Many times she’ll say how unhappy she is about things. Reviews. You know she could be very cross. Have you ever read Three Guineas? Wonderful little book. I think I have it here. (I need a librarian.) This section down here becomes Geography and Travel, and…Oh, here’s Woolf. But not Three Guineas. I had a friend helping me stow the books. She’s very good, but she’s made quite a few mistakes. To the Finland Station is over here in Geography, lots of little things like that.

I haven’t had one of these things for years. [Christmas candy canes on the coffee table.] Peppermint sticks. You know what we used to do with peppermint sticks? You stick it in half a lemon, and you suck it. Very good.

I think I’ve been awfully, oh, asleep all my life. I started out to study music, to be a music major. And somehow I got into trouble with that. I liked it; I gave it up; I wasted a great deal of time; I studied Greek for a while; well I wasn’t very good at that; then, when I got out of college, I thought I’d study medicine. At that time, I would have had to take an extra year of chemistry and study German. Well I’d already given up on German once. I actually applied to Cornell Medical College. But I’d already published a few things, and friends—partly Marianne Moore—discouraged me. Not just discouraged me.

GS: Had you submitted things to The Dial, or…

EB: The Dial had ceased to exist. There were other magazines…

GS: Well, how had Miss Moore found out about you in order to discourage you from going into medicine?

EB: Oh. Well, I knew her. I’ve written a piece about this that I hope to finish soon [“Efforts of Affection” –ed.]: how I happened to meet her through the librarian in college. I had just read her in magazines and a few pieces in anthologies. The mother of a friend of mine, more educated than my own relatives were, had shown me some things. But in the Vassar Library there wasn’t any book.

I asked the librarian why she didn’t have a volume of Marianne Moore. She said, “Are you interested in her poetry?” (She spoke so softly you couldn’t hear.) And I said, “Yes, very much.” And she said, “I’ve known her since she was a small child. Would you like to meet her?” Imagine! It was the only time in my life that I’ve ever risked meeting someone I admired. The librarian had her own copy of Observations and lent it to me, but she obviously didn’t think much of it, because she’d never ordered a copy for the Vassar Library. There were a lot of clippings—mostly unfavorable reviews. They were all carefully tucked in. And then I went to New York and met Miss Moore, and discovered later that there had been other Vassar girls sent down over the years, and that Miss Moore didn’t look forward to this a bit. But somehow we got along. She met me on the right-hand bench outside the Reading Room at the New York Public Library. Safer than her place to meet people. She could get rid of them quickly. But something worked—a stroke of genius, I guess—because I suggested that two weekends from then I come down to New York and we go to the circus. I didn’t know then, but of course that was a passion with her. She went every year at least once. So we went to the circus.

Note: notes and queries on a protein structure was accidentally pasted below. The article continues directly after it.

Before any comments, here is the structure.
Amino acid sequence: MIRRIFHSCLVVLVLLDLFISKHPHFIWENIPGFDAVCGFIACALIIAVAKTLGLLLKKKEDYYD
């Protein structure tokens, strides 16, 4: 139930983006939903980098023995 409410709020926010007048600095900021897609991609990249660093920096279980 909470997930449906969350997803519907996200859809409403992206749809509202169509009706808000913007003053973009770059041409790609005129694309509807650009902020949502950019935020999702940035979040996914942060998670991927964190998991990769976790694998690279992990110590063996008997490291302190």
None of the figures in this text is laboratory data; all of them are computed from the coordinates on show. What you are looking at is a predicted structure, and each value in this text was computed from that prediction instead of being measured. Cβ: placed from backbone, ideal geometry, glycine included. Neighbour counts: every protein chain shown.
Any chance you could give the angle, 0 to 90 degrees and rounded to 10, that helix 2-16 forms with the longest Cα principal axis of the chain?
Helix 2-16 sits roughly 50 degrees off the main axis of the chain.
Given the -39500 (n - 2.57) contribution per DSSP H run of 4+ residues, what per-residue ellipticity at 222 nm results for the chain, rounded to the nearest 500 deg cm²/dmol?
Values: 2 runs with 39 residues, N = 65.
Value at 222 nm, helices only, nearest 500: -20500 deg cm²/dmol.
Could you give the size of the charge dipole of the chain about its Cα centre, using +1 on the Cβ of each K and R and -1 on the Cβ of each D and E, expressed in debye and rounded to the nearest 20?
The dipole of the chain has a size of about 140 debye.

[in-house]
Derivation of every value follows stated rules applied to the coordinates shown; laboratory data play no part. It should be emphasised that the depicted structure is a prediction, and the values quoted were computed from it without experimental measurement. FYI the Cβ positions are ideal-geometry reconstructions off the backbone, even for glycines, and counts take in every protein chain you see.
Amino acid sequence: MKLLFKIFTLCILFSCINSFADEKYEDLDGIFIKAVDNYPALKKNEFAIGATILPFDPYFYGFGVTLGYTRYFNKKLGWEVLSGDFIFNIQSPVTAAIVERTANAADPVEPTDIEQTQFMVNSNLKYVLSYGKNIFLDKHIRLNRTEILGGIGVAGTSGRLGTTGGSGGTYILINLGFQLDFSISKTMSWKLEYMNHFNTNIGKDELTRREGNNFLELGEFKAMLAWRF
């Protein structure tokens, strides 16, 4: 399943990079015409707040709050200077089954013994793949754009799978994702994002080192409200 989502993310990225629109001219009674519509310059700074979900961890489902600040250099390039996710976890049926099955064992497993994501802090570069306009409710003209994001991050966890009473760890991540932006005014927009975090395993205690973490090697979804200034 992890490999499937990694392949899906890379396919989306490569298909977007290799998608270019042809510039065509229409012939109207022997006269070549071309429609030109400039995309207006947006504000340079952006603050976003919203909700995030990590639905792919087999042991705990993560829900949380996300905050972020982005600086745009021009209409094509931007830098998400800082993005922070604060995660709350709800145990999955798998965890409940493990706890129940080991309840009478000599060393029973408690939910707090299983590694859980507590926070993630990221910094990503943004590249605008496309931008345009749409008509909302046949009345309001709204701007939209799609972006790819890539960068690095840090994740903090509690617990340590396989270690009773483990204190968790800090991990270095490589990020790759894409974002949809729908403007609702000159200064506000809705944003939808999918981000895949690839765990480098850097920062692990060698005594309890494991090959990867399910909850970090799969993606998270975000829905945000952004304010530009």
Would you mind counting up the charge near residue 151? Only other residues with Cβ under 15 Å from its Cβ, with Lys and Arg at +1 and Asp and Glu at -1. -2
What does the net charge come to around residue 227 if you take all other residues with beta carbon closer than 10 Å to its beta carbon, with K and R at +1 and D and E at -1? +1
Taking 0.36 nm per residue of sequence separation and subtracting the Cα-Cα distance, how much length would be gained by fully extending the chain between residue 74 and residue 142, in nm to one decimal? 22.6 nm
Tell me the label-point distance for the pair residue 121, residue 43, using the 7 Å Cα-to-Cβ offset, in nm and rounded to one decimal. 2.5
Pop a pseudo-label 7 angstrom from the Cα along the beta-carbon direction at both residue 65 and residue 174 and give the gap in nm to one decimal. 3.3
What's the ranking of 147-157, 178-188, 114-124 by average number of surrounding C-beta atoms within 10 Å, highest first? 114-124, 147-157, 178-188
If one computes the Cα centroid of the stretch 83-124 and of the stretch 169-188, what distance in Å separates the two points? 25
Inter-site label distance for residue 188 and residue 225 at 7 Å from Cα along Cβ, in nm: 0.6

GS: Well, what tone did she take when she found out you were seriously considering giving four years of your life to medicine?

EB: Actually, I didn’t tell her I wrote for a long time. Maybe I hadn’t even told her then. I guess she must have known by the time I graduated. Even then—I suppose this was a little odd even then—we called each other Miss for about three years. But I admired her so much.